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Ann Intern Med. 1994 Mar 15;120(6):470-5.

Antiphospholipid antibodies in predicting adverse pregnancy outcome. A prospective study.

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University of Colorado Health Sciences Center, Denver.



To determine if the presence of antiphospholipid antibody (aPL) in healthy pregnant women is associated with adverse pregnancy outcome, including 1) intrauterine fetal loss, 2) maternal pregnancy complications, 3) low birth weight, and 4) low 5-minute Apgar scores.


Prospective cohort study in women with normal pregnancies.


Obstetrics clinic at the University of Colorado Health Sciences Center.


Eligible patients included 451 low-risk, nulliparous pregnant women who came to the obstetrics clinic before 25 weeks gestation; 408 were enrolled and 389 had blood drawn at the first prenatal visit and completed clinical follow-up.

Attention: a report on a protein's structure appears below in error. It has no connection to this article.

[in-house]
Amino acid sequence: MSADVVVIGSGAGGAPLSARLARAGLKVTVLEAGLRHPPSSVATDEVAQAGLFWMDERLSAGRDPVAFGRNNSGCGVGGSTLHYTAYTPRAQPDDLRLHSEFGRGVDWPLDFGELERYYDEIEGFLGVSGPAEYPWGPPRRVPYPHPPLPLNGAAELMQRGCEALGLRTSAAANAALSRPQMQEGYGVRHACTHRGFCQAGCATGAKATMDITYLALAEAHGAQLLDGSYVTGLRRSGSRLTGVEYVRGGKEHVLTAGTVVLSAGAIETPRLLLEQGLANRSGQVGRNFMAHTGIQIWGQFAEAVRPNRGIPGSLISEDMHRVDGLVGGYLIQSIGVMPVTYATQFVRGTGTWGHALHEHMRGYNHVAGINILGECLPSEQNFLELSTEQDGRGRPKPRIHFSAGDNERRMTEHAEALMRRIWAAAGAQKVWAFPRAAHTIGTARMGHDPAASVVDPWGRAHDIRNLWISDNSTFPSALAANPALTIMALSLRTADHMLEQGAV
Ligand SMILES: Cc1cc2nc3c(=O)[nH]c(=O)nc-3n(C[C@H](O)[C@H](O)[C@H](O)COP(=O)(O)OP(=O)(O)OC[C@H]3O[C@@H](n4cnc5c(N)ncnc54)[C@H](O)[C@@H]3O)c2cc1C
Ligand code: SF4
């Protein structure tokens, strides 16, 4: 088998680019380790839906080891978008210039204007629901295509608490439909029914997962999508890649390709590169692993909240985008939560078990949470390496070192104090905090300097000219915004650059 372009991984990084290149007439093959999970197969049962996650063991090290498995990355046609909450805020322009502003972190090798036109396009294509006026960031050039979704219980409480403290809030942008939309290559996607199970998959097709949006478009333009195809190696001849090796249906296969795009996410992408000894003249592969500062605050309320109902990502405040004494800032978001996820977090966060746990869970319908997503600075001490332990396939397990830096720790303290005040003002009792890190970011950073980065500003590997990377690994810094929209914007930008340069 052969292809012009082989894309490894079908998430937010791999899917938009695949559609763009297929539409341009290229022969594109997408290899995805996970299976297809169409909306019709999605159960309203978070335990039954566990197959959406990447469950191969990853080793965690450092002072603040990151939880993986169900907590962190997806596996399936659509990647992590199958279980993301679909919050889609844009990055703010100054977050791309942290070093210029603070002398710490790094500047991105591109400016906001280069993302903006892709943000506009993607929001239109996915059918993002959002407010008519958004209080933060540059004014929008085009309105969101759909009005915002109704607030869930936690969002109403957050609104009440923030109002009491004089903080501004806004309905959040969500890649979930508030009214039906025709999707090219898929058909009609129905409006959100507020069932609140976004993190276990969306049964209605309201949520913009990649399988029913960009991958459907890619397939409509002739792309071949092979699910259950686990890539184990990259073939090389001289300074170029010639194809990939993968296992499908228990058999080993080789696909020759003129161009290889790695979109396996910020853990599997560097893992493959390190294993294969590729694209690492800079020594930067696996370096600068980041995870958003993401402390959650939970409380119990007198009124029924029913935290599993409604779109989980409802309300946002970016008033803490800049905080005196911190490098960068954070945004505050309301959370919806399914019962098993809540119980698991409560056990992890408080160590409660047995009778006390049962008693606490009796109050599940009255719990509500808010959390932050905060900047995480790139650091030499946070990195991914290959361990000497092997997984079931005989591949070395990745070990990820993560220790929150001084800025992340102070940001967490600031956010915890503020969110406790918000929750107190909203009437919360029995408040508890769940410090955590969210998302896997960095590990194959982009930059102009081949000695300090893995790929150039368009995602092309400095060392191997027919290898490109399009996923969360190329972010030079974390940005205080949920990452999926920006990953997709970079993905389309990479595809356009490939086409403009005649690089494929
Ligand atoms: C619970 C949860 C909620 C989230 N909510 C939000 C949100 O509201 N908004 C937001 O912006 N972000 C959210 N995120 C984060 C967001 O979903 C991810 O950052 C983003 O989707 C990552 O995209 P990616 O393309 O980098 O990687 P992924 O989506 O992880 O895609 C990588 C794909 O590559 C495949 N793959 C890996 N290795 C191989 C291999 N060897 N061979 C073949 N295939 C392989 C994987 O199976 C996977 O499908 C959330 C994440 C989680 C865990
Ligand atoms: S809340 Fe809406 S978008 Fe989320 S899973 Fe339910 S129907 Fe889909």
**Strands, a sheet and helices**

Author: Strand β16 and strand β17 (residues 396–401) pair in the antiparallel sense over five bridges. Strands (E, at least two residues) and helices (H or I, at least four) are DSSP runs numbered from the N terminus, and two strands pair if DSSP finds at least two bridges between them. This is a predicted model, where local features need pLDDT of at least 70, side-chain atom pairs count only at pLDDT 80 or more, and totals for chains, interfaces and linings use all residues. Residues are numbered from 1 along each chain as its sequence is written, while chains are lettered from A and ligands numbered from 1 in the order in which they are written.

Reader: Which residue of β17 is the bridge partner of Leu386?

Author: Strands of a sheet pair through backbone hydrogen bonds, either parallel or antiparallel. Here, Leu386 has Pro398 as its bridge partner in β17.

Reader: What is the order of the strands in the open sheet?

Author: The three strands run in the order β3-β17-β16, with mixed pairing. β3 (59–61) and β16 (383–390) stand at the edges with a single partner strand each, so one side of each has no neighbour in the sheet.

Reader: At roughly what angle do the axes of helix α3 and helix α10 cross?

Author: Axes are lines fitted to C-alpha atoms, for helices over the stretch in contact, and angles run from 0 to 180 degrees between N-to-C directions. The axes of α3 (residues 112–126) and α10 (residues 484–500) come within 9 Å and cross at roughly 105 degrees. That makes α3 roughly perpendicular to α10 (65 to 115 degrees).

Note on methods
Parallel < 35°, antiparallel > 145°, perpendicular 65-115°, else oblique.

Blood for six aPL measures was drawn at the first prenatal visit and for 239 patients at delivery.


Ninety-five patients (24.4%) had elevated aPL levels by one or more measures at the first prenatal visit: 15.8% of the aPL-positive and 6.5% of the aPL-negative patients experienced fetal loss (relative risk, 2.44; 95% CI, 1.29 to 4.62). However, an elevated IgG anticardiolipin antibody level at the first prenatal visit was the only aPL measurement that was significantly associated with fetal loss (relative risk, 3.5; CI, 1.56 to 8.07). Adjustment for confounding variables decreased the relative risk of aPL for fetal loss slightly, but the difference remained statistically significant. Neither a positive aPL result at the initial visit nor a positive result at delivery was associated with maternal complications of pregnancy, low birth weight, or low Apgar scores.


Patients with elevated aPL levels at their initial prenatal visit had an increase in fetal loss but no increase in maternal pregnancy complications, low birth weight, or low Apgar scores. Immunoglobulin G anticardiolipin antibody was the only single test of aPL significantly associated with fetal loss.

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